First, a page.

Truth be told, the aggressive variant of the Super Funds has a 5 year return of 5.64% per year and a 7-year return of 9.57%. Not shabby, but definitely not the 12+% that the app displays.
I hope PhonePe will fix these errors right away!
Anyways, moving on to the actual reasons why we don’t like these ‘Super funds’…
Reason 1: Portfolio quality
The first thing to do while evaluating a fund for investment is, well, to evaluate the fund. In this case, however, these are fund of funds, and hence we need to evaluate how the portfolio has been put together over time.
In this case, it does appear that the fund house has significantly changed the portfolio recently, probably due to it being featured in PhonePe.
ABSL FoF Series ran a portfolio with predominantly ABSL funds across equity and debt with barely 1 or 2 funds outside of its staple. Its debt exposure was into high risk funds such as Aditya Birla Sun life Credit Risk and ABSL Medium Term Plan besides risky funds such as Franklin India STIP. In fact even its conservative portfolio as of Dec-18 sported as much as 42% in ABSL credit risk alone, suggesting that the portfolios were not really conservative and safe for the said asset allocation.
By Dec-19, the fund house cleaned up this series a bit, removing/reducing credit risk by introducing its corporate bond fund and in equity too, removing the underperforming large-cap ABSL Frontline Equity.
It appears that the recent effort to make the portfolio more diversified across fund houses appears to have come on the back of the PhonePe deal. The following are largely the characteristics of the present portfolio:
- Close to 25% of the aggressive portfolio is into ABSL Nifty and gold ETFs
- Other equity funds across fund houses have been chosen to simply fill one fund in each category that SEBI has rather than a conscious effort to build a portfolio with mixed strategies. For example, there are 2 multicap funds and 2 focused funds with 1 of midcap and large & midcap funds each besides the Nifty ETF.
- The debt portfolio has been shifted to mostly banking & PSU and corporate debt funds, clearly given the pain that ABSL has gone through with its own debt funds in the last 1.5 years.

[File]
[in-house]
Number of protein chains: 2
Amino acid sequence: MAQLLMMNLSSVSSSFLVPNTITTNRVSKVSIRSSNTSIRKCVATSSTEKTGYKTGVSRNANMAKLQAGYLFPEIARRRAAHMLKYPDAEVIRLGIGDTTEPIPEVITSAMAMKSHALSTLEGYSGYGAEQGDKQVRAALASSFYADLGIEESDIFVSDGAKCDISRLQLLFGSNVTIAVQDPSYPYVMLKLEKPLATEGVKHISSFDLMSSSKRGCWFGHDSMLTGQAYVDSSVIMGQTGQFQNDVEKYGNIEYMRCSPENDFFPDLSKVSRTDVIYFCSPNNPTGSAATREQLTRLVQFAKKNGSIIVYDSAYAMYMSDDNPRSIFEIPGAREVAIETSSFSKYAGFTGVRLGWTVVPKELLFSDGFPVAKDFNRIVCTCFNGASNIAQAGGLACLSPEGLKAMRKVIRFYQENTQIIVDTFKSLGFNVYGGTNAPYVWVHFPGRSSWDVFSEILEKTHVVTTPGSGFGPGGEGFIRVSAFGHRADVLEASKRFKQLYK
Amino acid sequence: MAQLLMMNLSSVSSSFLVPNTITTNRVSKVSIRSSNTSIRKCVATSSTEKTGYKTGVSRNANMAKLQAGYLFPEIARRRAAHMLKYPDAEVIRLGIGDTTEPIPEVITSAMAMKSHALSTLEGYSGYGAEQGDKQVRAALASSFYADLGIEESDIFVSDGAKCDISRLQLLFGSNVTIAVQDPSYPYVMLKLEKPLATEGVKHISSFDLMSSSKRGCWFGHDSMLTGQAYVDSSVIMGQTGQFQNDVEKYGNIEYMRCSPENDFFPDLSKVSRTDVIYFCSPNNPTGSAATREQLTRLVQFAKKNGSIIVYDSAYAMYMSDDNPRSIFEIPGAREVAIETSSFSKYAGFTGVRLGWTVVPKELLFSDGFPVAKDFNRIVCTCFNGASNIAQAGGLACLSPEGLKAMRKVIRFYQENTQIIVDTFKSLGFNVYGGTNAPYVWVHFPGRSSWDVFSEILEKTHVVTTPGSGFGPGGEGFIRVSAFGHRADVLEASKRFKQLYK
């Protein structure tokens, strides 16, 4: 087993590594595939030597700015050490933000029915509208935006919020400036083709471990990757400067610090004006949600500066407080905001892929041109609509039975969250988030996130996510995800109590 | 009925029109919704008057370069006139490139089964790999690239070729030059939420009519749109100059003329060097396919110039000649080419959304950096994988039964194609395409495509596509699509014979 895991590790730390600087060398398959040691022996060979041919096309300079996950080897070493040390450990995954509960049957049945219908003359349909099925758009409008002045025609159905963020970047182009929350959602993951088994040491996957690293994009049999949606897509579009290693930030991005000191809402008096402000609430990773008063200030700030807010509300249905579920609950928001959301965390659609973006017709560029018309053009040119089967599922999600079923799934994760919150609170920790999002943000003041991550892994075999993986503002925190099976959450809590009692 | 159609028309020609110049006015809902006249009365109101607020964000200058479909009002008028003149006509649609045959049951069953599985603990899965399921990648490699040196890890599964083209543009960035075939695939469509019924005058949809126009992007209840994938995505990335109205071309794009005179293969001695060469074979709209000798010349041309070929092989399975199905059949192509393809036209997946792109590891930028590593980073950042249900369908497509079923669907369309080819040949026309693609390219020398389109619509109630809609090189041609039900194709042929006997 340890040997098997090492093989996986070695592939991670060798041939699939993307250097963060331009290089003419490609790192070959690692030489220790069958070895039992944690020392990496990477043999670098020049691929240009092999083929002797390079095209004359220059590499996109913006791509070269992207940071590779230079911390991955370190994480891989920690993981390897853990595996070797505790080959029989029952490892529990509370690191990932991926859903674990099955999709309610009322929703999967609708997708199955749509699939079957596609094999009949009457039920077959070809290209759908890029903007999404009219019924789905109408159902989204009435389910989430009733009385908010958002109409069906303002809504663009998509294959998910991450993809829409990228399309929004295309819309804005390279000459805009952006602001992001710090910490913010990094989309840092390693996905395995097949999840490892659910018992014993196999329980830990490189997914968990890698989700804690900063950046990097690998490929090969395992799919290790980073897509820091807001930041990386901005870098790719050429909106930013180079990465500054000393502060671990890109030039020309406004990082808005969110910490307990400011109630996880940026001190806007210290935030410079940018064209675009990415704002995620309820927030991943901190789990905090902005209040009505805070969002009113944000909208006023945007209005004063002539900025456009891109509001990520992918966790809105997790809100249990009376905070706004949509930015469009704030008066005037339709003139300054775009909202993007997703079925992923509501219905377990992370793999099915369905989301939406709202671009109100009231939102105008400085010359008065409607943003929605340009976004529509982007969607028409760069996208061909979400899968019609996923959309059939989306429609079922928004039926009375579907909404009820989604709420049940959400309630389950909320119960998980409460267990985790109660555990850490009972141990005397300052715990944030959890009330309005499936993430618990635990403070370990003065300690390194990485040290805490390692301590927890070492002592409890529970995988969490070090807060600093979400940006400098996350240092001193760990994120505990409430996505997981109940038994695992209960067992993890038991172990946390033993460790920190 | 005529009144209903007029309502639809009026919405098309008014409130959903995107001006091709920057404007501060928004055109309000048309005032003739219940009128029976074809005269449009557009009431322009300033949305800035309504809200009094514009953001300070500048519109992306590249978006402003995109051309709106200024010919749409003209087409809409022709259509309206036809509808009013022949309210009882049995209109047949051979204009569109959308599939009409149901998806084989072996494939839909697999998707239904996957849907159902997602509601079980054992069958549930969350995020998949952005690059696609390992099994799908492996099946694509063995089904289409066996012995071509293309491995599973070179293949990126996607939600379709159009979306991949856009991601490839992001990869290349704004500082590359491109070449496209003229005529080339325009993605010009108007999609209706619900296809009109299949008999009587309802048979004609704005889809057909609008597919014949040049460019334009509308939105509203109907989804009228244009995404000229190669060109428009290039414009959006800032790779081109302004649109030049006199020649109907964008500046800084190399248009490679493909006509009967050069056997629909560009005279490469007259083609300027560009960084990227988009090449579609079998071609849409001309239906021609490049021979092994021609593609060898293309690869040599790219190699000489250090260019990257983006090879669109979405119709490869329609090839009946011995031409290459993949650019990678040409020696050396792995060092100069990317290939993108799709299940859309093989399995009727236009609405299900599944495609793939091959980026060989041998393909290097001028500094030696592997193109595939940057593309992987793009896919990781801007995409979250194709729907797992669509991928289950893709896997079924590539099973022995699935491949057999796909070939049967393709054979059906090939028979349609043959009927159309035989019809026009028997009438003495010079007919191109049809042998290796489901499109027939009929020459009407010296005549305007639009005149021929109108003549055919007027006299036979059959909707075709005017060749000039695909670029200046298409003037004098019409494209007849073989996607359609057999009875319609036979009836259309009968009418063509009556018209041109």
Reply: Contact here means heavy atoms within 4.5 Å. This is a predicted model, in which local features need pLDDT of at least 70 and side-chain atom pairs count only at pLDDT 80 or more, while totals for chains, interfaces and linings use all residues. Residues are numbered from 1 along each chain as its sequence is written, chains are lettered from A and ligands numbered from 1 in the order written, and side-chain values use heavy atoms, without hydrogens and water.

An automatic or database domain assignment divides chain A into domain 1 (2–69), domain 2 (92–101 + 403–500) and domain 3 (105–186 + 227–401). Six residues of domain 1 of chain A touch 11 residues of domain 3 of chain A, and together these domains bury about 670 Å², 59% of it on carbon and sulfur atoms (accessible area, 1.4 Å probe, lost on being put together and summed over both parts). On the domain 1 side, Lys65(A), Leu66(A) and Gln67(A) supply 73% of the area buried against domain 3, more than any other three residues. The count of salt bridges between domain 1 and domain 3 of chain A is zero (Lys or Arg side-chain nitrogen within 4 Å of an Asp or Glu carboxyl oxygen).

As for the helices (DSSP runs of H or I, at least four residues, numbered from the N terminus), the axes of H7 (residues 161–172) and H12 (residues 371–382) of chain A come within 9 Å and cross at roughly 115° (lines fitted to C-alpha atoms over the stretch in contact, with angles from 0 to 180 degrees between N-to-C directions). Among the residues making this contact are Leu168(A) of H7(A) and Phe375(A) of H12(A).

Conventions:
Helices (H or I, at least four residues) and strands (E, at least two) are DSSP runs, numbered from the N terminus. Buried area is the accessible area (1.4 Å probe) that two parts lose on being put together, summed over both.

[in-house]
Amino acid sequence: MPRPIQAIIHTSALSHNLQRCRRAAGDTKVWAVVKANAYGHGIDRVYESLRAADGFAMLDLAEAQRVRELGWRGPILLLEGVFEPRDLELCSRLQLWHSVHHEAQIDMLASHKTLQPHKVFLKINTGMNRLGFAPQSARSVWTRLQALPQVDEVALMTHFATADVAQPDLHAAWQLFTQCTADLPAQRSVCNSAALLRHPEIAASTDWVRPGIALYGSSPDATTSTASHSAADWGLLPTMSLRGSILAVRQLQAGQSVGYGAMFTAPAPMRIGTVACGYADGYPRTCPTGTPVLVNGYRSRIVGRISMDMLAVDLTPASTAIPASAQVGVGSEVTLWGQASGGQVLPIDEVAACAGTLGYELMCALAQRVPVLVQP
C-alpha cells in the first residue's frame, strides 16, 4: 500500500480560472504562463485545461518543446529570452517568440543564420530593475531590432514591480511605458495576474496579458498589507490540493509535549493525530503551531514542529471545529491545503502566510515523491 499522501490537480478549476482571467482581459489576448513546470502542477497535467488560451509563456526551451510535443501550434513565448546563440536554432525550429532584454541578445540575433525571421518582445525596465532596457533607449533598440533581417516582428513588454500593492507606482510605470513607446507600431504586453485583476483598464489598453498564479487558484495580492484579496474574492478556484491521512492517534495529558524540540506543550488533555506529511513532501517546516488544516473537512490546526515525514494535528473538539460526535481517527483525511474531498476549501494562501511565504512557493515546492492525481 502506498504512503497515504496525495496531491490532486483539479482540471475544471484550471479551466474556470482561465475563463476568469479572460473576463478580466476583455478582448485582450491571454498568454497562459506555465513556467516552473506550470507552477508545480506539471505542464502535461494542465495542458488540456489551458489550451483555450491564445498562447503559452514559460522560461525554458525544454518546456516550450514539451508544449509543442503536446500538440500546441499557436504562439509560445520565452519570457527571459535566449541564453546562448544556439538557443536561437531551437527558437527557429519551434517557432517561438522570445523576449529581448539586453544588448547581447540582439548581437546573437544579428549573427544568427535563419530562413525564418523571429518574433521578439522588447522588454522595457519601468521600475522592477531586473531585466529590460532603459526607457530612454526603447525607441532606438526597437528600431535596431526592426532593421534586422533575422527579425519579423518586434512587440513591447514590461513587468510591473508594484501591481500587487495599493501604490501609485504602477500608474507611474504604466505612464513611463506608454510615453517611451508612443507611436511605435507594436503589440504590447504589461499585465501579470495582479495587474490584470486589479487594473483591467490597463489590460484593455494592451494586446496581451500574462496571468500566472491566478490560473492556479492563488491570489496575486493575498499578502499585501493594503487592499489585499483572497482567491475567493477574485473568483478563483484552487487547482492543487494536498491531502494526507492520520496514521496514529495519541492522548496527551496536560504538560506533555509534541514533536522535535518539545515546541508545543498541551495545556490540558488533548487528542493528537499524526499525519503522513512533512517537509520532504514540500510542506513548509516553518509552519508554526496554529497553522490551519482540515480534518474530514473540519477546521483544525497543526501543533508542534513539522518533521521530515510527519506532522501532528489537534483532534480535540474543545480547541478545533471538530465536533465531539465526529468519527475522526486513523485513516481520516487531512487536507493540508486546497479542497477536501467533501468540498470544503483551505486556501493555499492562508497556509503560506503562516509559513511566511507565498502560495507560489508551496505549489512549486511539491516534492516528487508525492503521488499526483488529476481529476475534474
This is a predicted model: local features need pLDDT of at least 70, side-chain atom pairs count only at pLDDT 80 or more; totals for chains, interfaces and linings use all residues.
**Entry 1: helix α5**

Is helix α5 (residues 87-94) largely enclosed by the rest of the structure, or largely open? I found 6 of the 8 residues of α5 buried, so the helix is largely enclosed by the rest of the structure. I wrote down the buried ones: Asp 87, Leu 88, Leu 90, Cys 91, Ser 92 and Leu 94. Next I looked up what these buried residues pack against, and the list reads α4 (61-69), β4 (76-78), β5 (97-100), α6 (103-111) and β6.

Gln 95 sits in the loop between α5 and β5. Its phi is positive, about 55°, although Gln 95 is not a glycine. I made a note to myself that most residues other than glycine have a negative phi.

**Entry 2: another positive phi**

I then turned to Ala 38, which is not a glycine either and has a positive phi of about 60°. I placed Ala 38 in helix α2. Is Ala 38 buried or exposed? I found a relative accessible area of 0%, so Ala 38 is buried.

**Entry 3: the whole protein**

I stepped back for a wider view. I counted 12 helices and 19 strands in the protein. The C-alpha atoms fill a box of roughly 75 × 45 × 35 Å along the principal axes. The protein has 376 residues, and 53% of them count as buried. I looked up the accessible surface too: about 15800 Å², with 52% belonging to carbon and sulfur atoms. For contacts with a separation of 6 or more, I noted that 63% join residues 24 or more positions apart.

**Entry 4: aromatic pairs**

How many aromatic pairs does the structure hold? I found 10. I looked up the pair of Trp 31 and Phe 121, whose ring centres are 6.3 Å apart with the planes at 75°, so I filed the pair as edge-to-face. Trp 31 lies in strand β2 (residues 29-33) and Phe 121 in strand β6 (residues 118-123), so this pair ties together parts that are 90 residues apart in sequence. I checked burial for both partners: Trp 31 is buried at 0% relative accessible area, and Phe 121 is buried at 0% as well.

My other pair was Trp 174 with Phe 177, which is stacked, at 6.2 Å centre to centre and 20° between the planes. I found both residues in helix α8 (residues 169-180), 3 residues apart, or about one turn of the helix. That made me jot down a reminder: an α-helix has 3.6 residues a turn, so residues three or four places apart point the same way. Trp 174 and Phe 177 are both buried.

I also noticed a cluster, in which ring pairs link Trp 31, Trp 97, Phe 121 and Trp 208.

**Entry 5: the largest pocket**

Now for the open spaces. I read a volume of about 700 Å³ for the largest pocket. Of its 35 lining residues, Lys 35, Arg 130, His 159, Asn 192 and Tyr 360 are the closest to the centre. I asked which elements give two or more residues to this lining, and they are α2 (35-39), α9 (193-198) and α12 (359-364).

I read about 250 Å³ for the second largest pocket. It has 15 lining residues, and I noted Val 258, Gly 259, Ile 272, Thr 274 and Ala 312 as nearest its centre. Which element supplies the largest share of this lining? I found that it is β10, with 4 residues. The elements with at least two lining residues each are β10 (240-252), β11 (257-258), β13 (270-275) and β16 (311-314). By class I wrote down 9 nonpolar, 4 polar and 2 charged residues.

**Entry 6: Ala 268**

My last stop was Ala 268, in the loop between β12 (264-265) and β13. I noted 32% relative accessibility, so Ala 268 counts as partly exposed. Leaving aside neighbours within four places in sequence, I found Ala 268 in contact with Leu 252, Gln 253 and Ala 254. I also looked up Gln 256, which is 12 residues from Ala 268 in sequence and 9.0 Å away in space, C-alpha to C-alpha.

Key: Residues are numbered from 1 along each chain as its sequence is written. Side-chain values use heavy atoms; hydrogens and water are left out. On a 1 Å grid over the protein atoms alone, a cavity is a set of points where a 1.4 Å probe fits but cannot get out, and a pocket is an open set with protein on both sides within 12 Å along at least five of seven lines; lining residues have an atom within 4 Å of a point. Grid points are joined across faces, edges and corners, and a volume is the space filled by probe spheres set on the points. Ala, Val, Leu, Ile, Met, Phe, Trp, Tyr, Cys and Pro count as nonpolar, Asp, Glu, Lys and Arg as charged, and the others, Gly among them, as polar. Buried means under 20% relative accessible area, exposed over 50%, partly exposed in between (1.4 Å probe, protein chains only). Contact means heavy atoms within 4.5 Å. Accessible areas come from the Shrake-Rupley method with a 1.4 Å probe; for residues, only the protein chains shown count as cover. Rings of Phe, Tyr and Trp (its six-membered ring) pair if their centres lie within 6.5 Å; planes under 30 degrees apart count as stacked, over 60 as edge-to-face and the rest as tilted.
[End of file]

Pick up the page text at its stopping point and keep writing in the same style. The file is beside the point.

- While the earlier held, badly hit funds ABSL Credit Risk and Medium Term Plan no longer appear in the portfolio, their segregated units remain.
- All the funds in all 3 options are the same save for changing asset allocation.
- From the past records, it appears that the fund can move to themes and sectors as well. It has earlier had exposure to pharma and consumer-related themes.
You can see below the complete portfolio (as of Apr 30) of one of these funds (Aggressive).
Overall, there does not appear to be a coherent investment philosophy underlying the construction of the portfolio. There are other fund-of-funds (Quantum’s Equity FoF, for example) that have more focused, better structured portfolios than this FoF. Given the gyrations that the ABSLFoFs have gone through, and their significant recent changes, it is difficult to see where it is going. And any fund without a clear strategy is not something we prefer, performance or not. Knowing a strategy helps you align a fund to your own goals or requirements. That is a key part of portfolio planning.
Reason 2: Lack of flexibility and options
When you invest in a mutual fund, you are outsourcing your money management to a fund manager. When you invest in a fund of funds, you are not only outsourcing money management, you are also outsourcing your portfolio management to the same people managing your money!
This is inherently a bad idea – for one, these are different skills. Asset management companies are good at analysing markets, products, and at managing funds. Managing a portfolio is a different skill set altogether – one in which fund houses do not necessarily have competence.